“God uses us, DR volunteers, at a time when hope seems gone.” (Carolyn Gray – Zion’s Cause Baptist Church)
“Disaster Relief opens up doors to people for the Gospel.” (Tom Garrity – Jeffersontown Baptist Church)
“Disaster Relief gives our volunteers a way to show victims of a disaster that God loves them.” (David Bayes – Liberty Mills Baptist Church)
“God uses the love He placed in DR workers, to help people in their time of trouble. Making the DR workers a living Bible.” (Jerry and Andy Cable – Campton Baptist Church)
“Disaster Relief allows us to demonstrate the unconditional love of Christ to people that have found themselves overwhelmed by circumstances beyond their control. Sharing the Gospel is always much more effective after sharing God’s love.” (Roger Whitehead – Grayson First Baptist Church)
“Disaster relief is the mirror that reveals the love of God.” (Sammy Hammons – Kirksville Baptist Church)
“Kentucky Baptist Disaster Relief allows us to work through the brokenness and point those we are able to serve back to a loving God through His Son, The Lord Jesus Christ.” (Bob Brame – Hickory Grove Baptist Church)
“In the midst of disasters, most people, even those previously resistant to the Gospel, realize they are not in control of their current or future circumstances. Disaster Relief volunteers come alongside them to help carry their burdens while sharing the Love and hope that is found in Jesus Christ.” (Keith Stinson – First Baptist Church of Richmond)
“The word Kentucky draws Attention (Famous Kentucky Fried Chicken). Kentucky Baptist DR gold shirts draws Curiosity. Curiosity draws conversations. Conversations open doors. BOOM! Opportunity to Share Jesus.” (Janice Gaines – Hamlet Baptist Church)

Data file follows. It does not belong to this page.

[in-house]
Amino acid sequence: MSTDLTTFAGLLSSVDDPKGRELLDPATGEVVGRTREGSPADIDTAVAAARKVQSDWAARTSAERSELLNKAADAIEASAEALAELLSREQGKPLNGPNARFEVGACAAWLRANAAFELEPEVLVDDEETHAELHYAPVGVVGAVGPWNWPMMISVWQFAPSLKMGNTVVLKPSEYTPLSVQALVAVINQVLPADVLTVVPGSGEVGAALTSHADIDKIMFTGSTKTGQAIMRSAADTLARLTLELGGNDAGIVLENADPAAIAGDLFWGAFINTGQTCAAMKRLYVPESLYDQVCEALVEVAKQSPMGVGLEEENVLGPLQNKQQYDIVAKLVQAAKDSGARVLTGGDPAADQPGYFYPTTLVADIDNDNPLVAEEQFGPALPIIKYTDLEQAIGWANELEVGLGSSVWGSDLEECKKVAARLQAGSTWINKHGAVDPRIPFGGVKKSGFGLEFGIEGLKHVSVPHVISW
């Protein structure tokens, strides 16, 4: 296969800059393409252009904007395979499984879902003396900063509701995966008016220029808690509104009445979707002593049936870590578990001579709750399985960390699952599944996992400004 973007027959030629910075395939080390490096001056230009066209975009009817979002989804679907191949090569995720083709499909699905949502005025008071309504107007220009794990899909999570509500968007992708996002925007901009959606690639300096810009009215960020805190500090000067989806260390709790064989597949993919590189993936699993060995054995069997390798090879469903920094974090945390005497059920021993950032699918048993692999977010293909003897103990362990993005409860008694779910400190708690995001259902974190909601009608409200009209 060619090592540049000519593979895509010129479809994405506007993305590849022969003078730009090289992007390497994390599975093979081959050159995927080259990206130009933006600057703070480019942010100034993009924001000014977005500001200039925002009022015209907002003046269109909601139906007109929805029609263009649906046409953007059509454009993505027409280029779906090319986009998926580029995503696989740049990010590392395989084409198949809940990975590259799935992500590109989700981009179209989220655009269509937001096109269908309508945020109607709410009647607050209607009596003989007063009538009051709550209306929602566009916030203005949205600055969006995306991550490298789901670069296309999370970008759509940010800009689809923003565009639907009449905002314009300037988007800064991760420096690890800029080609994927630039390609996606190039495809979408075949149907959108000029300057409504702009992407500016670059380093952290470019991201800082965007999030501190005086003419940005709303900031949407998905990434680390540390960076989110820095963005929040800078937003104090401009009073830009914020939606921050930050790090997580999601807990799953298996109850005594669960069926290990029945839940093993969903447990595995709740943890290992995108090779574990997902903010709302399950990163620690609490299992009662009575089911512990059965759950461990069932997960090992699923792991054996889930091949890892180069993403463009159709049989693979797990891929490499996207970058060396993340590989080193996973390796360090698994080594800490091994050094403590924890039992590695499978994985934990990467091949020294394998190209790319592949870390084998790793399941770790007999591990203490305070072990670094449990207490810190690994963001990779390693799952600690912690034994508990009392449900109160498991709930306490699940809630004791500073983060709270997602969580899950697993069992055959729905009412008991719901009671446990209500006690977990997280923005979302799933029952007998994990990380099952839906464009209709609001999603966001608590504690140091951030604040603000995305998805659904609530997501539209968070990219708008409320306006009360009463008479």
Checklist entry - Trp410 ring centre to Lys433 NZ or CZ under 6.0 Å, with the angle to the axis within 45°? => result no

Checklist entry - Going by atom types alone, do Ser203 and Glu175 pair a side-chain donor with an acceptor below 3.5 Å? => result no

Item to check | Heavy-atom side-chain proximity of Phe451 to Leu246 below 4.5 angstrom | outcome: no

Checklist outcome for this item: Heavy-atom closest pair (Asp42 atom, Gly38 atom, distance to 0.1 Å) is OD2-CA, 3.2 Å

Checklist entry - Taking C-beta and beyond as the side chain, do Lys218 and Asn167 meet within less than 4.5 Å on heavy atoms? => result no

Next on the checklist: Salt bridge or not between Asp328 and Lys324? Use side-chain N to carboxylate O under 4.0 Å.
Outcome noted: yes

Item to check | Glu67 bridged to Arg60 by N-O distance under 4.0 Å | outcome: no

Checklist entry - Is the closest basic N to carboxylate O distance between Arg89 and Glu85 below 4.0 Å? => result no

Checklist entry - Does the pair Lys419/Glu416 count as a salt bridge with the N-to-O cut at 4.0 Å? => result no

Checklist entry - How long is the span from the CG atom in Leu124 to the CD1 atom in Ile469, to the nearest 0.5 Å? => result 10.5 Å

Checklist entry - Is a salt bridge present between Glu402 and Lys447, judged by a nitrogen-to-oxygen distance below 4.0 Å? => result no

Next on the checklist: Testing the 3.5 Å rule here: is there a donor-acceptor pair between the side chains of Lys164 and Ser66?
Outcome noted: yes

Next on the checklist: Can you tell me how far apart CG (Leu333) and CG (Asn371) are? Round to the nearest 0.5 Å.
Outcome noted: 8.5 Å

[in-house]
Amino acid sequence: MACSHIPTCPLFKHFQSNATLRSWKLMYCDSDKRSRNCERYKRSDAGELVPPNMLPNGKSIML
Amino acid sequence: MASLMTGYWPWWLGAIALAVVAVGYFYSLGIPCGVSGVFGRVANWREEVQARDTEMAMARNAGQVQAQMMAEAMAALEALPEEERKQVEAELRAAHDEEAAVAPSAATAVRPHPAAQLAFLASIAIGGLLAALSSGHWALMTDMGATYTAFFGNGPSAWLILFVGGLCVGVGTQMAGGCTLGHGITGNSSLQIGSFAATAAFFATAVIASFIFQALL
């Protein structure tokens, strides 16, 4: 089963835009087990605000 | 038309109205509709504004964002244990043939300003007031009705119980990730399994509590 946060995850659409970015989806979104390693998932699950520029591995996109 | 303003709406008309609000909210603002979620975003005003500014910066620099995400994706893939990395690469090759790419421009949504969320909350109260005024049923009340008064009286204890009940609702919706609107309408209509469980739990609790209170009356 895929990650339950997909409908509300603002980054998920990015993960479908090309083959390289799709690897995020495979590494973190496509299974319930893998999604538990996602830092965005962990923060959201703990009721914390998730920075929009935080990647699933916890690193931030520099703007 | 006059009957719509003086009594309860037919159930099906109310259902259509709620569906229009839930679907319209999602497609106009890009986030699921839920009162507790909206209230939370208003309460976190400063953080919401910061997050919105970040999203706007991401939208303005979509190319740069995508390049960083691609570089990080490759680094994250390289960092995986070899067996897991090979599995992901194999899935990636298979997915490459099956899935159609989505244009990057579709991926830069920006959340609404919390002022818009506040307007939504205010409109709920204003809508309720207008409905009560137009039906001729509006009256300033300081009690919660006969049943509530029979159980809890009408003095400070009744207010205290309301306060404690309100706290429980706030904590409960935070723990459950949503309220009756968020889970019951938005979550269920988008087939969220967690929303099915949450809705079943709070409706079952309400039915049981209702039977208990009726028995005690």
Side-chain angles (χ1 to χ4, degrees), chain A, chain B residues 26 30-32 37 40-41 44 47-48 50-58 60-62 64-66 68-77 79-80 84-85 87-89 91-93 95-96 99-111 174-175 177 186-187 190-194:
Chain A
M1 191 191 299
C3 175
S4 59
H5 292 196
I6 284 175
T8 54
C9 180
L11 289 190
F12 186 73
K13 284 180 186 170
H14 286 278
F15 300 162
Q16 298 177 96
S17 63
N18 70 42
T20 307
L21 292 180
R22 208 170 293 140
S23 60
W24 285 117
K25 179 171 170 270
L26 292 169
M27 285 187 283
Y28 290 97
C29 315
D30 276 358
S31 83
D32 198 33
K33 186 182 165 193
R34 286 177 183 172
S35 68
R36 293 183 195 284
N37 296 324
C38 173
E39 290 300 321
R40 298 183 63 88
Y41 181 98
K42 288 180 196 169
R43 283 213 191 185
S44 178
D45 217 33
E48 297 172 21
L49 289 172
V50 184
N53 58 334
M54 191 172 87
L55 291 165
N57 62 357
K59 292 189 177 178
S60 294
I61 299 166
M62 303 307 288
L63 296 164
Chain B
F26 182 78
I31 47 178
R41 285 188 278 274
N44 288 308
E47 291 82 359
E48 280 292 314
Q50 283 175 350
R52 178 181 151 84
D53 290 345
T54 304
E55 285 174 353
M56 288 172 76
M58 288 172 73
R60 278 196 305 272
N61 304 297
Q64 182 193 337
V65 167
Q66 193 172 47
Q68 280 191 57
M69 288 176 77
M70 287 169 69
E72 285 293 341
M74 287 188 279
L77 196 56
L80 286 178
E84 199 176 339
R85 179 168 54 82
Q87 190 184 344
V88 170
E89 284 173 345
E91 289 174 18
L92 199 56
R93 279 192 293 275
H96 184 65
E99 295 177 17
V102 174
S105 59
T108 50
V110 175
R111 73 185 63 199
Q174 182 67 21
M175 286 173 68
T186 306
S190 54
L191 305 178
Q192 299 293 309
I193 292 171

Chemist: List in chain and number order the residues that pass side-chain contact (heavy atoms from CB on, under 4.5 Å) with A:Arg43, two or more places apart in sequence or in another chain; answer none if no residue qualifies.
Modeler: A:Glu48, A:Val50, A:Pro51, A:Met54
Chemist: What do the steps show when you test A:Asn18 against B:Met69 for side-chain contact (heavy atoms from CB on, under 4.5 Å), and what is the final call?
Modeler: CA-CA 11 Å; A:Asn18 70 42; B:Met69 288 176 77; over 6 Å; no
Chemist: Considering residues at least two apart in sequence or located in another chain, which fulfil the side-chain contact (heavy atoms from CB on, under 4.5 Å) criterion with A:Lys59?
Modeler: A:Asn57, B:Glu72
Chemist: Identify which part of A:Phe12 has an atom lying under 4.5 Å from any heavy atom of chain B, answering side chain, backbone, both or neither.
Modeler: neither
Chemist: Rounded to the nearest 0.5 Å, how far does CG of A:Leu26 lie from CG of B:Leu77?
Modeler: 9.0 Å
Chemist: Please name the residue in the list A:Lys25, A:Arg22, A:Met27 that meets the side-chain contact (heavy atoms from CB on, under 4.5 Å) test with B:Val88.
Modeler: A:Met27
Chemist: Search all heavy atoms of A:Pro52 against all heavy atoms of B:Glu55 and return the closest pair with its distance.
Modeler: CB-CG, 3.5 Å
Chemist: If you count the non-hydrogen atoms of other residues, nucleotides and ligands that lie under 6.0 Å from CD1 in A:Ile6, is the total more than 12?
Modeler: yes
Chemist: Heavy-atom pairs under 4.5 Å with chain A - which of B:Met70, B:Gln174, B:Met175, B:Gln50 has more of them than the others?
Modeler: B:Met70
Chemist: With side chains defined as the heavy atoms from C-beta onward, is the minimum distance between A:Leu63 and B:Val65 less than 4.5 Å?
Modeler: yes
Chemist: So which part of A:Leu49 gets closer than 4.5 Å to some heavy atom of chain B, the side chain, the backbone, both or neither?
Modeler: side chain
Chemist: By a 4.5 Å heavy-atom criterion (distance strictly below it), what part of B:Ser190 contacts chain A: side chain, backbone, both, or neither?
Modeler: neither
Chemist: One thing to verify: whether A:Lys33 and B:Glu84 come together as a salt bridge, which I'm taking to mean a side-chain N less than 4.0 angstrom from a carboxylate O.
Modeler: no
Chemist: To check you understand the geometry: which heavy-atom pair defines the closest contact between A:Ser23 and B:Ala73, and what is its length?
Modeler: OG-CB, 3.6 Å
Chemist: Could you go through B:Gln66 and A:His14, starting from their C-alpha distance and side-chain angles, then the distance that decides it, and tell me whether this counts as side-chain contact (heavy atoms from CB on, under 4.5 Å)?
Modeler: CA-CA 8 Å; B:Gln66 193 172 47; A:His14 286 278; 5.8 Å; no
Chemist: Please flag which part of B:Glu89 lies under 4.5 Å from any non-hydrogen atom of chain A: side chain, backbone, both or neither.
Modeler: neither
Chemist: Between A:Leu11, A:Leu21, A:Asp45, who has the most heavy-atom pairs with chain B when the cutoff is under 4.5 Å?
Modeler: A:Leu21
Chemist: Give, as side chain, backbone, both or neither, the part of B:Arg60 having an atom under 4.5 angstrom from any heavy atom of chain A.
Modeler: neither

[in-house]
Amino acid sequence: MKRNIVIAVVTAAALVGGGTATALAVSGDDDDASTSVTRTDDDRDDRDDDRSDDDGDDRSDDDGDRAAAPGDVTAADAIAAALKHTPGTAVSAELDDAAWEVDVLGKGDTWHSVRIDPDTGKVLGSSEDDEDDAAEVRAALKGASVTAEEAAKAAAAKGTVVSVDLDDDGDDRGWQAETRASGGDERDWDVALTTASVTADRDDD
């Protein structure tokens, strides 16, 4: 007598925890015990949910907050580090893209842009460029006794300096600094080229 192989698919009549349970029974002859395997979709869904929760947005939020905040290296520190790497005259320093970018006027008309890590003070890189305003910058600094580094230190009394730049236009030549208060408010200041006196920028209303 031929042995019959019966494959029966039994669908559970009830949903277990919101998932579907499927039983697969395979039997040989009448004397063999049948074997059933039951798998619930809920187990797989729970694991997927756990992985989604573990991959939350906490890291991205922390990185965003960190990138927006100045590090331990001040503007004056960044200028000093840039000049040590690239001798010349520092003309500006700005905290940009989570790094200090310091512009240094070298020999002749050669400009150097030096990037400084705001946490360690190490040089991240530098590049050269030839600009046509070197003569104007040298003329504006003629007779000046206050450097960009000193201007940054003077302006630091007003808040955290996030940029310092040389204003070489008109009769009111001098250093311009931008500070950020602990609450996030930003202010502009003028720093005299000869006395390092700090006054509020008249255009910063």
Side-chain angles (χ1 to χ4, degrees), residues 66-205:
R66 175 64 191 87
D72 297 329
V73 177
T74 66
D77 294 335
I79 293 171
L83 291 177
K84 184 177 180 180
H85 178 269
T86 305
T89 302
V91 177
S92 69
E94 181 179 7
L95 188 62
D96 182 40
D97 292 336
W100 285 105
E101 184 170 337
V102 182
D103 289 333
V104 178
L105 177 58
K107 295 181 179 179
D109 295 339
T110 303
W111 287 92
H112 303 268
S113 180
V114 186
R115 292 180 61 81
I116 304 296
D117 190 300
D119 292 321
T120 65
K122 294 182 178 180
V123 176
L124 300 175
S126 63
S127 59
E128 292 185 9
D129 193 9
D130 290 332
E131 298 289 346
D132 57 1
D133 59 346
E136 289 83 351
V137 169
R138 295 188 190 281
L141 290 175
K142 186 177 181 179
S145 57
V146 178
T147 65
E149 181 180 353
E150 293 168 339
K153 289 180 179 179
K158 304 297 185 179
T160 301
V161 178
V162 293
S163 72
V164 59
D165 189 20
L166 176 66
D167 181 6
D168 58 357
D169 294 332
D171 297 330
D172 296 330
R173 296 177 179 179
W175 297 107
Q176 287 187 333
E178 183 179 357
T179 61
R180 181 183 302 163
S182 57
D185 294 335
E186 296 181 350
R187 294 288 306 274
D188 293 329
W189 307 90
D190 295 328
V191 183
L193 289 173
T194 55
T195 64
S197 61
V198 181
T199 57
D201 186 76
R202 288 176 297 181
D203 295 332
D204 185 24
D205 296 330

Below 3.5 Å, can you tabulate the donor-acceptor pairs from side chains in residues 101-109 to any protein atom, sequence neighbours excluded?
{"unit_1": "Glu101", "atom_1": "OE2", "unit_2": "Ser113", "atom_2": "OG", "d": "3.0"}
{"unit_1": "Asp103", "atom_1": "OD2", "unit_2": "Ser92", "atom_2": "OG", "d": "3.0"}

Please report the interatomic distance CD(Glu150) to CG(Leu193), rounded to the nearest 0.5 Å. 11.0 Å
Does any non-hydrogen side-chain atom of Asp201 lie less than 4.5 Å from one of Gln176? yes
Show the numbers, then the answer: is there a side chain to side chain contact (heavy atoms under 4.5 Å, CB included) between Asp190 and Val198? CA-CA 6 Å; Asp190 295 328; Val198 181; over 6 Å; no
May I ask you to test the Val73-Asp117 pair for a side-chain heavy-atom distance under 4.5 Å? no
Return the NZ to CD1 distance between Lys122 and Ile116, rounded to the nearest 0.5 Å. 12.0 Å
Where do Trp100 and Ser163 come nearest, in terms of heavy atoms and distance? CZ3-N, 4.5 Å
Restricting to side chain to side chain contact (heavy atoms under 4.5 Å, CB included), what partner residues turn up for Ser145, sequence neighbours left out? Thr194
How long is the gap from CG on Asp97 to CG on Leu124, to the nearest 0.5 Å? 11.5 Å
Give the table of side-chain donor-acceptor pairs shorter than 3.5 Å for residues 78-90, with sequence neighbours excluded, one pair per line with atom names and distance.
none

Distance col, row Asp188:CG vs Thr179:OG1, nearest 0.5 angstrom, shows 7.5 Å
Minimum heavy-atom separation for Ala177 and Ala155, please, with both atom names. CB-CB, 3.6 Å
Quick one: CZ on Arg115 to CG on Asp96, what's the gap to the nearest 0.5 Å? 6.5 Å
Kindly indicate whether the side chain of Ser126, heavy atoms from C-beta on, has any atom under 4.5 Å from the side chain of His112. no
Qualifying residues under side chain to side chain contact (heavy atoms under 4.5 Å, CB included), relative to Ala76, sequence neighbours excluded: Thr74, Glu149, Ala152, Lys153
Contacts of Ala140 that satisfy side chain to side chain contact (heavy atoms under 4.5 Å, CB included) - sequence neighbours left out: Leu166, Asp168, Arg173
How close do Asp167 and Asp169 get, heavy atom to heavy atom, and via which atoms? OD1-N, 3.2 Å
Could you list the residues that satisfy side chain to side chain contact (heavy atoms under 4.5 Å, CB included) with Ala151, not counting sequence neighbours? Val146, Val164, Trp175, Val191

“In one week of DR I get to share the Gospel more than in a whole year at home with my regular routines.” (Gordon Hayworth – Fairdale First Baptist Church)
“Ian Sterling was saved at one of our Kentucky Baptist disaster responses to Bay Minette, Alabama. Ian was an American Red Cross volunteer and shared how he had observed our volunteers being the church and this drew him to Christ.” (Larry and Elaine Koch – Redemption Hill Baptist Church)
Is God calling you to give of yourself to bring help, healing, and hope when disasters strike?
Find out how you can give and get involved during times of disaster for the sake of the Gospel at www.kybaptist.org/dr .
When I think of Kentucky Baptist, one word that rises to the top is generosity. Kentucky Baptist are generous people, who have a vision to proclaim the gospel of Jesus Christ to all people everywhere. I do not take for granted the compassionate prayers, the personal commitment, and the financial sacrifice that Kentucky Baptist make to support missions and ministry efforts in our state, nation, and world. As a former IMB missionary from Kentucky and member of the Missions Mobilization Team, I am thankful for the faithful generosity of Kentucky Baptist in their passionate support of missions through the Cooperative Program.